Work as Worship: Our Story for God’s Glory

Work and worship.

Two words with great power, but for some reason are hardly used in the same sentence.

Of course, we all know what they mean.

With work, you have what you put your hands to, your vocation, where skill meets a living; with worship, you have what (or rather whom) you lift your hands to, the reason for vocation, where purpose meets living.

However, if you think these terms are easily compartmentalized, I get it. After all, as long as the church teaches the principles behind them, we should automatically know how they apply in each setting of life, right? (*Sarcasm*)

Whatever the case, when we talk about how work works as worship, when we consider the origin of work and its modern-day application, there’s fresh freedom and joy to be found.

So for today, I want to discuss what it means to be a worship-thinker as opposed to a work-thinker – what working to the fullest looks like when function becomes a part of our daily abiding in Christ.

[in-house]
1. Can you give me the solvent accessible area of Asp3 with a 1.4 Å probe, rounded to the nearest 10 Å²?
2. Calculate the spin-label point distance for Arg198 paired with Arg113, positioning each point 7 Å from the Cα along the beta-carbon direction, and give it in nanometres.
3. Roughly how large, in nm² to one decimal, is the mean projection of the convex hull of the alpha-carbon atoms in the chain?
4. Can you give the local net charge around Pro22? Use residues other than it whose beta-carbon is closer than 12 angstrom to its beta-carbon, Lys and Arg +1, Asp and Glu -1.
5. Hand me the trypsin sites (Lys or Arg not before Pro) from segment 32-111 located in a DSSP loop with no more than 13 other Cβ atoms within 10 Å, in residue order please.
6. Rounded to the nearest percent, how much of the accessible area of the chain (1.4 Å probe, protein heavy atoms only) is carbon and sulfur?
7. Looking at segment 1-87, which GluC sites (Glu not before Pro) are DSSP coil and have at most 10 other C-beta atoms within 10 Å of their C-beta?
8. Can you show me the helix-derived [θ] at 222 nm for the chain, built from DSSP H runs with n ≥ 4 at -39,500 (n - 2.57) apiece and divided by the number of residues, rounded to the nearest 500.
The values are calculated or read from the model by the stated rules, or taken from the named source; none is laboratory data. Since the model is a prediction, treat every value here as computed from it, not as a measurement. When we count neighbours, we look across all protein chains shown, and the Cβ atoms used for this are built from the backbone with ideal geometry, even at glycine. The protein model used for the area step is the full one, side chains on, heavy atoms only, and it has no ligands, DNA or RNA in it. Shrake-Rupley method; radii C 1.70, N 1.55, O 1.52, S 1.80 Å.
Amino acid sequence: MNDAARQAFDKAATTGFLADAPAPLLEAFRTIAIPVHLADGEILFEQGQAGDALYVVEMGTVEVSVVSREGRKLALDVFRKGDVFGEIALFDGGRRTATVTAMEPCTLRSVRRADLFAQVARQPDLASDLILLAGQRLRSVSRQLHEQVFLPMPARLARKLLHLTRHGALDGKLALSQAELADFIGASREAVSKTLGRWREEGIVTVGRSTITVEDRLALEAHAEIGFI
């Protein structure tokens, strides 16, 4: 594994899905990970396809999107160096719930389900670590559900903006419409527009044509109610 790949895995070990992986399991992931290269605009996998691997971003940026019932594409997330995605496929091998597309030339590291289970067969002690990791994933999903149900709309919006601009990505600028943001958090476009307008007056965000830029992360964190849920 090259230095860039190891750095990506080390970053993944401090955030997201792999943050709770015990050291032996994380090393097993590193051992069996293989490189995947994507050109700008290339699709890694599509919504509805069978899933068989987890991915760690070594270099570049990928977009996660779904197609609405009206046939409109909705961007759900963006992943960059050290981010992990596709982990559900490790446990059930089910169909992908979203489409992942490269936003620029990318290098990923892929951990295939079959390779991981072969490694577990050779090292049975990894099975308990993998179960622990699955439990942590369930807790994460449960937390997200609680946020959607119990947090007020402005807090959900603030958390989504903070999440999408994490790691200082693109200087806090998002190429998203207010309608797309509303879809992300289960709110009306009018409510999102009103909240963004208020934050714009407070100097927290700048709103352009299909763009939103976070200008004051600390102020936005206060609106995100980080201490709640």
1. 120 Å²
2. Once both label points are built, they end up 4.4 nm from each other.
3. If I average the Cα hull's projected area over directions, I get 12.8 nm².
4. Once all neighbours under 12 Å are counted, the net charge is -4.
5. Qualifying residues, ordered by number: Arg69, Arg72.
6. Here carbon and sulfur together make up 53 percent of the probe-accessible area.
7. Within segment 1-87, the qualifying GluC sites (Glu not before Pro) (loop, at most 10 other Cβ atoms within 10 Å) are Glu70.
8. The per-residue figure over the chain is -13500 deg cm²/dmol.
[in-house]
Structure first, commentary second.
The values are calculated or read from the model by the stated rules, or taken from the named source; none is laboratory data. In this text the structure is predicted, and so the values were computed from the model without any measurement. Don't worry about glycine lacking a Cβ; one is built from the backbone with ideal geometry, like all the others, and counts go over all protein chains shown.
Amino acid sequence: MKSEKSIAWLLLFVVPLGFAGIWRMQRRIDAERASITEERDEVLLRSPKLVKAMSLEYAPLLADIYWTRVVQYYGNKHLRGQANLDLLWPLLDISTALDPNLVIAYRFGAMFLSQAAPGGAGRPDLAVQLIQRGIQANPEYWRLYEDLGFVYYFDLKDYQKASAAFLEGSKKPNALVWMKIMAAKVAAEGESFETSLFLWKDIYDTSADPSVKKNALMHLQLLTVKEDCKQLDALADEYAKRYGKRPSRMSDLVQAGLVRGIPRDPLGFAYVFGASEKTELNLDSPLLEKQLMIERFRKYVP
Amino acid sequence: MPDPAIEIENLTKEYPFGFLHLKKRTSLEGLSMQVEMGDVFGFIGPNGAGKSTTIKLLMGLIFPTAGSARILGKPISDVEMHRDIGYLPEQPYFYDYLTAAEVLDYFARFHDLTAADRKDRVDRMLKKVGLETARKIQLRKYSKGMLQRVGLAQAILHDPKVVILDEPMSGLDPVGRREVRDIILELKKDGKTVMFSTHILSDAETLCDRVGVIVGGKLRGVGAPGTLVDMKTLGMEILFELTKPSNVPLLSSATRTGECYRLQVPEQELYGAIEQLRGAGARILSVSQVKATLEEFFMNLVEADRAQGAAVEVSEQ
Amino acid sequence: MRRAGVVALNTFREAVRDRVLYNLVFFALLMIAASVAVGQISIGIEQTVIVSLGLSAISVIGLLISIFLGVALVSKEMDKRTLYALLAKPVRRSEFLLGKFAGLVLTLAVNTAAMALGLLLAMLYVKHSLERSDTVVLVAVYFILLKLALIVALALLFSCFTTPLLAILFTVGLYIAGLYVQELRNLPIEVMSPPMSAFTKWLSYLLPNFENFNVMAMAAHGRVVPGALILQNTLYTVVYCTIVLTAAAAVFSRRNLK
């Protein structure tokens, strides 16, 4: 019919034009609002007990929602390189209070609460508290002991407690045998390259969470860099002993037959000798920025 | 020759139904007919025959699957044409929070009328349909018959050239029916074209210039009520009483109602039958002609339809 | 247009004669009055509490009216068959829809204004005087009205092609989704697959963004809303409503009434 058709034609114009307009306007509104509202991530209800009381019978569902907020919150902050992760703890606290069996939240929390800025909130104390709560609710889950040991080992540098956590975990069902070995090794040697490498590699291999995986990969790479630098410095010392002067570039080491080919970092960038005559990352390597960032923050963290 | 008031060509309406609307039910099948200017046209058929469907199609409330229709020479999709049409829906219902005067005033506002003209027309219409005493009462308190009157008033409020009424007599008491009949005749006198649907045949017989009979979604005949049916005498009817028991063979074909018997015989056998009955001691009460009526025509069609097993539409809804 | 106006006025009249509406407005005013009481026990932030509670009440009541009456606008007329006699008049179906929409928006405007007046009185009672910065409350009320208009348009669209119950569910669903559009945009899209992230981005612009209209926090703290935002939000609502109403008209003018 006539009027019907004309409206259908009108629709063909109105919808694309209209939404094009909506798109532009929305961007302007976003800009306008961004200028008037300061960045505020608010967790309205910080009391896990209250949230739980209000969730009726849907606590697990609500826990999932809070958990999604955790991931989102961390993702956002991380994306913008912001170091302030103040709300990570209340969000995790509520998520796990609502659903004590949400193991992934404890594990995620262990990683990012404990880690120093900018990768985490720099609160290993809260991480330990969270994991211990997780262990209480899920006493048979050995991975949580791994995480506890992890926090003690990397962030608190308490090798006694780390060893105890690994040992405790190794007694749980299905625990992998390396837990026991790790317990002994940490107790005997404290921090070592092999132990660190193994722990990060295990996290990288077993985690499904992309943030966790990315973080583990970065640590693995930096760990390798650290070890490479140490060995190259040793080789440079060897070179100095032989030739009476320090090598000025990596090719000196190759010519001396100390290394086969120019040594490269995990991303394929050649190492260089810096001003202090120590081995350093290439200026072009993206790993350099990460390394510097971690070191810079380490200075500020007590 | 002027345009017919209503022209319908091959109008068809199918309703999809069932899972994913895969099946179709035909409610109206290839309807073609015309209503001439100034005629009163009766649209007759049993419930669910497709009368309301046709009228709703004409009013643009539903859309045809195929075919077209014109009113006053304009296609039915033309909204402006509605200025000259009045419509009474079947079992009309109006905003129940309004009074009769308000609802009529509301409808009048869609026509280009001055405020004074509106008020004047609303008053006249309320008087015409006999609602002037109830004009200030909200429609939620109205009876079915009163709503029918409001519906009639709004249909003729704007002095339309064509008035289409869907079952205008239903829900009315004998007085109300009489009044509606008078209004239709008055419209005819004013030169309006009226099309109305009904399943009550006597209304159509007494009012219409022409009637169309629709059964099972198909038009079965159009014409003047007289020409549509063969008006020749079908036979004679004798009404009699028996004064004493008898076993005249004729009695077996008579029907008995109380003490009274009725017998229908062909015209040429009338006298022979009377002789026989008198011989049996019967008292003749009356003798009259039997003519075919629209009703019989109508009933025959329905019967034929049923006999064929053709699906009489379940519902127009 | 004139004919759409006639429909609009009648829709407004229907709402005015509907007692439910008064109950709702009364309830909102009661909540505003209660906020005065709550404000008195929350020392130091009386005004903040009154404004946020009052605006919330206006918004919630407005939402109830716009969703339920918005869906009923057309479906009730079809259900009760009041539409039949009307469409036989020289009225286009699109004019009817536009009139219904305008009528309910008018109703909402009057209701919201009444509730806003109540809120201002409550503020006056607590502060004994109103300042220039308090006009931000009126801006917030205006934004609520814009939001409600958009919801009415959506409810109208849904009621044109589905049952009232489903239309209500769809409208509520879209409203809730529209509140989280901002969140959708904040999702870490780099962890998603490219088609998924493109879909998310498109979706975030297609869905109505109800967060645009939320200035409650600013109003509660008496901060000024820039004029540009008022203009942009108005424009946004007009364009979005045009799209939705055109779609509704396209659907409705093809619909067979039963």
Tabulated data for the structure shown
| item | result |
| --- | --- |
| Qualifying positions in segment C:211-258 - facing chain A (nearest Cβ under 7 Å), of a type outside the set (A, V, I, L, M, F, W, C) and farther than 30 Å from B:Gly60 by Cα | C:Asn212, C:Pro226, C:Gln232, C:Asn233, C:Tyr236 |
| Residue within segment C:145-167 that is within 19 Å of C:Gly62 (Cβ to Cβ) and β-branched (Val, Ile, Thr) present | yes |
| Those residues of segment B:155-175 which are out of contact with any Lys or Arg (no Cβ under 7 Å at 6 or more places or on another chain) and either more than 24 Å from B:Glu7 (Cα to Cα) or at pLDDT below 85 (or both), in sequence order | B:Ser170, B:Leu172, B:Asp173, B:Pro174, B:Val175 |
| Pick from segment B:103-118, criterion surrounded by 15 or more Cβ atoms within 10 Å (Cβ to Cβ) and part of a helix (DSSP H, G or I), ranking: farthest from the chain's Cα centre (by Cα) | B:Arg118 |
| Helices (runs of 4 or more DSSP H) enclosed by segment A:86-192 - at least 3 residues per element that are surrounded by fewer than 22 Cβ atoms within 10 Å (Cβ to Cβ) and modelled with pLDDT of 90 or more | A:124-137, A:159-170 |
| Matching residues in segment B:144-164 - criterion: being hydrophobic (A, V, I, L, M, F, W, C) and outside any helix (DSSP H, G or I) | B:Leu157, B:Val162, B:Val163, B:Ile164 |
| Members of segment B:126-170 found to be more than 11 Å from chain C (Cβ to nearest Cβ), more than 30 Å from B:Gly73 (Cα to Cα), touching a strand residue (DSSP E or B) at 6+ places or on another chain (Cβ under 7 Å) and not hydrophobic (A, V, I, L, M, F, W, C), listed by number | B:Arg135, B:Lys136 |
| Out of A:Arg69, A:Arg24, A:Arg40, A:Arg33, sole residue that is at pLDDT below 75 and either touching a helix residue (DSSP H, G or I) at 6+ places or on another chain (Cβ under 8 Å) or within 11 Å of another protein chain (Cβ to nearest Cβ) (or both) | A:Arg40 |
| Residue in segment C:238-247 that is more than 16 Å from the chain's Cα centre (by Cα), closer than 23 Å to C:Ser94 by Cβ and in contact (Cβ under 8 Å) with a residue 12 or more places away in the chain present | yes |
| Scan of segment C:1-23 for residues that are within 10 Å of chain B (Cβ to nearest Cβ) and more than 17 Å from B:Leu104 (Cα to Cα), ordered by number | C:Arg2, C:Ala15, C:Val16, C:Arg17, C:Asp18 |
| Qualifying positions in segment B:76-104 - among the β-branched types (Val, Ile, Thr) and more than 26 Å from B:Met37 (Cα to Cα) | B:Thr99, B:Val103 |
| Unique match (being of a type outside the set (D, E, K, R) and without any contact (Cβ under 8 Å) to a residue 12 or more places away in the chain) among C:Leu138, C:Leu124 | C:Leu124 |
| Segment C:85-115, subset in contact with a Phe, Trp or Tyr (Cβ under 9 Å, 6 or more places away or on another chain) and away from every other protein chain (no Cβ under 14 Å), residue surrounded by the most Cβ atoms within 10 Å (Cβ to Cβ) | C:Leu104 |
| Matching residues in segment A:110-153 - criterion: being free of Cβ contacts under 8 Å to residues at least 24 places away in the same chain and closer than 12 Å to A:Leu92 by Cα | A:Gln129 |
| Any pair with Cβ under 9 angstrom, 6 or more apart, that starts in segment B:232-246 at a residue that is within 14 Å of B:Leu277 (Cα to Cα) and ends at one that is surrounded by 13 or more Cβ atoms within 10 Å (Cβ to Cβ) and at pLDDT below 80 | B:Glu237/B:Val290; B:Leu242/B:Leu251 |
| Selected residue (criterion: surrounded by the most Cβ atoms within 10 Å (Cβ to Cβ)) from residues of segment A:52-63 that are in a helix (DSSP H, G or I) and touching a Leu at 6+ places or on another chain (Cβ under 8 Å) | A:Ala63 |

For instance…

  • Do we treat work as a source of identity?
  • Do we treat work as a tool of personal fulfillment?
  • Do we treat work as a necessary evil in order to get a paycheck or other “benefits”?

If ‘yes’, then chances are our work has become a place of pressure, performance-based thinking or worse…a means to an end1.

Accordingly, we must ask ourselves:  How then do we treat work if we’re to elevate it as a selfless sacrifice of praise?

For starters, it doesn’t hurt to bridge work and worship with ‘mission’…

…however, to truly answer this, we must flash back to the Garden of Eden as captured in Genesis 2:15-20

“The Lord God took the man and put him in the Garden of Eden to work it and keep it. And the Lord God commanded the man, saying, “You may surely eat of every tree of the garden, but of the tree of the knowledge of good and evil you shall not eat, for in the day that you eat of it you shall surely die. The Lord God said, “It is not good for the man to be alone. I will make a helper suitable for him.” Now the Lord God had formed out of the ground all the wild animals and all the birds in the sky. He brought them to the man to see what he would name them; and whatever the man called each living creature, that was its name. So the man gave names to all the livestock, the birds in the sky and all the wild animals.”